YWRB: Genesis


We were young writer party girls in college.  At the time, creative nonfiction was the new, hot genre.  We were asked to write essays. We understood essays.  We learned that the word “essay” meant “attempt.”  We attempted constantly.  We attempted friendships and sophistication and reputations and all the things you can try on and discard while young and starting out.  Everything felt like rebellion: against parents, expectations, systems and growing up.  And it was.  We couldn’t articulate it at the time, but one thing I know now is this: the most rebellious thing you can do, at any age, is be yourself.

I remember the moment the title came to me.  I was sitting on a friend's black leather sofa, drinking vodka and fruit juice from an old flower vase.  I was wearing a ballgown.  We weren't going out that evening, but that's what we did when we stayed in.  Anyway, in the moment of garish getups and pride in our own ridiculous behavior, the quick thought came to me: The Young Women's Rebellion Bible.  I thought I knew something about rebellion.  Dressed up for a party, but lounging on a couch was a rebellious act in my twenty-one year old mind.

Later that week, I was in a bar with Amy before our creative nonfiction workshop.  I told Amy the title and before the words were completely out of my mouth, she screams, "Oh my God, we could totally do this!"  We immediately started brainstorming topics.  We took quick notes on napkins and then ran to class, high on possibility and buzzed on cheap beer.  Amy's enthusiasm made me believe we could do it.  We could write a book of instructions or stories or something that taught others about rebellion.

We liked pushing boundaries, walking edges.  Although the English building was designated non-smoking, on breaks we'd find an empty classroom and lean far out the window with our lit cigarettes.  We relished that rush.  A little rebellion made us bold.  Writing about rebellion made us rebel. Our process was born.

We enrolled others in our mission.  Our creative writing teachers, the head of the English department, the owner of the restaurant where Amy worked, the bartender at our favorite haunt.  Amy's enthusiasm made other people believe we could do it.  And before I knew it, we were.

For several months, we wrote essays about our behavior, our rebellion, our romances and our families.  We filled yellow legals pads full of ideas and ways to organize chapters.  We wrote in coffee shops, bars, the library when necessary.  We were relentless, but we weren't entirely clear about how it would look or what it should be.  In that way, the project mirrored our lives.

In June, we graduated, flew to Greece together, and split up to go our separate ways.  Amy stayed on the tiny Greek Island of Mykonos and I hopped a ferry to the mainland and spent a lot of time on trains.  When we returned, seperately, to the states, we lived in different cities.  We embarked on very different lives.  We drifted apart.  Fifteen years later, we reside in the same city, once again.  And the Young Women's Rebellion Bible was reborn.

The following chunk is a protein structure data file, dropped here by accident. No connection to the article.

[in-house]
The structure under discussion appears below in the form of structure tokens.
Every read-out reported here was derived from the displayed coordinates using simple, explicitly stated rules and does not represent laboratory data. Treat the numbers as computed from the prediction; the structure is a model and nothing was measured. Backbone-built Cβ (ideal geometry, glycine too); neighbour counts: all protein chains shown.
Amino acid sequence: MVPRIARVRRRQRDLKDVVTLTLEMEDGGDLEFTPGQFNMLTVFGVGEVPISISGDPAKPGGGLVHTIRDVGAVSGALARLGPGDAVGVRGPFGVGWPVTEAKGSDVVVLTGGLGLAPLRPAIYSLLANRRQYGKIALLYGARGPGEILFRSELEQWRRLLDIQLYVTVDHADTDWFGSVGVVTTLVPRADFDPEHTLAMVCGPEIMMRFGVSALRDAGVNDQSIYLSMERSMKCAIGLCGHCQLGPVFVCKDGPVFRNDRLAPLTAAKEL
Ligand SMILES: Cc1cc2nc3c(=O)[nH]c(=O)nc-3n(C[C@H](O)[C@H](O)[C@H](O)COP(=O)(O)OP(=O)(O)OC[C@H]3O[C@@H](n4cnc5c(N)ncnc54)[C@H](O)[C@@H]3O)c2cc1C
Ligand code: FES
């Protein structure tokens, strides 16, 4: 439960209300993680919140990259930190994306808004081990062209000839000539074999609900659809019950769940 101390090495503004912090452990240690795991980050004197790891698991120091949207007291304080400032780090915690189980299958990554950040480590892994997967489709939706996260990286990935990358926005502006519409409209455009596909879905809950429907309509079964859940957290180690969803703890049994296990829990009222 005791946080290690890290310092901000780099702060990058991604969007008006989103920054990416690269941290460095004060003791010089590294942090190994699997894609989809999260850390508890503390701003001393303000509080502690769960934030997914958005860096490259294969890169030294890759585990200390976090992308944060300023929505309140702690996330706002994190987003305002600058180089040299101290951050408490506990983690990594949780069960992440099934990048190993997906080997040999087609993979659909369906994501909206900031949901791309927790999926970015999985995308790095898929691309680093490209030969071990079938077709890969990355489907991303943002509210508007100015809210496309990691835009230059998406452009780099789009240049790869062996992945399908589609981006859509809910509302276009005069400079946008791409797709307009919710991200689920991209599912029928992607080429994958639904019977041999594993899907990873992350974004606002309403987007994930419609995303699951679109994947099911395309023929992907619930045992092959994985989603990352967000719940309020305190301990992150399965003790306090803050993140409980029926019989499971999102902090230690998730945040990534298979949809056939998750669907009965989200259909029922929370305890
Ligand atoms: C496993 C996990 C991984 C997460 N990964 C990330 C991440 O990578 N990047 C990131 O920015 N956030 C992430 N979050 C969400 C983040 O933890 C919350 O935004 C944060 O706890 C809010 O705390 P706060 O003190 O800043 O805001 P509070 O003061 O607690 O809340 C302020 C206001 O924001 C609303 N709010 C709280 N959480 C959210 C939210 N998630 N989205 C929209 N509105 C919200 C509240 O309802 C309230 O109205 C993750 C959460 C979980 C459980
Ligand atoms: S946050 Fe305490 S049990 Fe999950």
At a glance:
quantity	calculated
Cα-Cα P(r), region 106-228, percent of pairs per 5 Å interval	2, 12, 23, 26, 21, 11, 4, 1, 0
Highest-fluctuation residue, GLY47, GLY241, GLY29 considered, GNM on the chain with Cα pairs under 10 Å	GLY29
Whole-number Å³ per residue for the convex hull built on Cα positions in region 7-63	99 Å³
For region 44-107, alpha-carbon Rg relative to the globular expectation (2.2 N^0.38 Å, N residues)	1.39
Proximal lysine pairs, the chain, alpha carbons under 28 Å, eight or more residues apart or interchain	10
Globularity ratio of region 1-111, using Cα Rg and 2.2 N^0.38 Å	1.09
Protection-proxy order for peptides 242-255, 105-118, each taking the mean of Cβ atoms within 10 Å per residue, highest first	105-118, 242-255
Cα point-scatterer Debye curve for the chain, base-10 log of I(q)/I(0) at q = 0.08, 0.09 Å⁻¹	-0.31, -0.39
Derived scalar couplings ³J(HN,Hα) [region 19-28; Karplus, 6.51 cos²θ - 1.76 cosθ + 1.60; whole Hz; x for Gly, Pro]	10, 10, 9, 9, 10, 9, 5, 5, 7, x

We have very different notions of rebellion, as does every woman, I believe.  And our rebellion has looked very, very different from one another's over the years.  Amy is married, a mother, a writer and wood toy maker.  I am single, a dog owner and avid rescue supporter, a writer and part-time teacher.  Amy has put down roots and I've been a wanderer.  We've both embarked on creative endeavors, but nothing has had the same momentum, the same dizzy, blissful energy as the Young Women's Rebellion Bible.

A few years ago, I pulled the manuscript from the trunk where I keep sacred things and I photocopied it and sent it to Amy.  I've held on to it, maybe as a way to hold on to that time with Amy, to hold on to that enthusiasm and the belief that it is possible that we do this.  We're doing it now.  What we knew of rebellion at twenty-one is a very different knowledge than what we know of rebellion at thirty-six and thirty-eight.  With the fine partnership of The Equals Project, we'll explore that knowledge and examine its impact.  To do that, we need your help.

We want to explore rebellion with you.  Every week, we’ll prompt you to consider rebellion – and we challenge you to share it with us.  We’d love to feature your stories and experiences as part of our exploration.  Send responses and stories to Amanda at amanda@bold-types.com.

This week, we want to know:

If you had the chance today, what would you tell your teenage and/or college self about rebellion?



Amanda Page

Writer and host of the Isle of Skye Writing Retreat for women writers looking take their work on an adventure.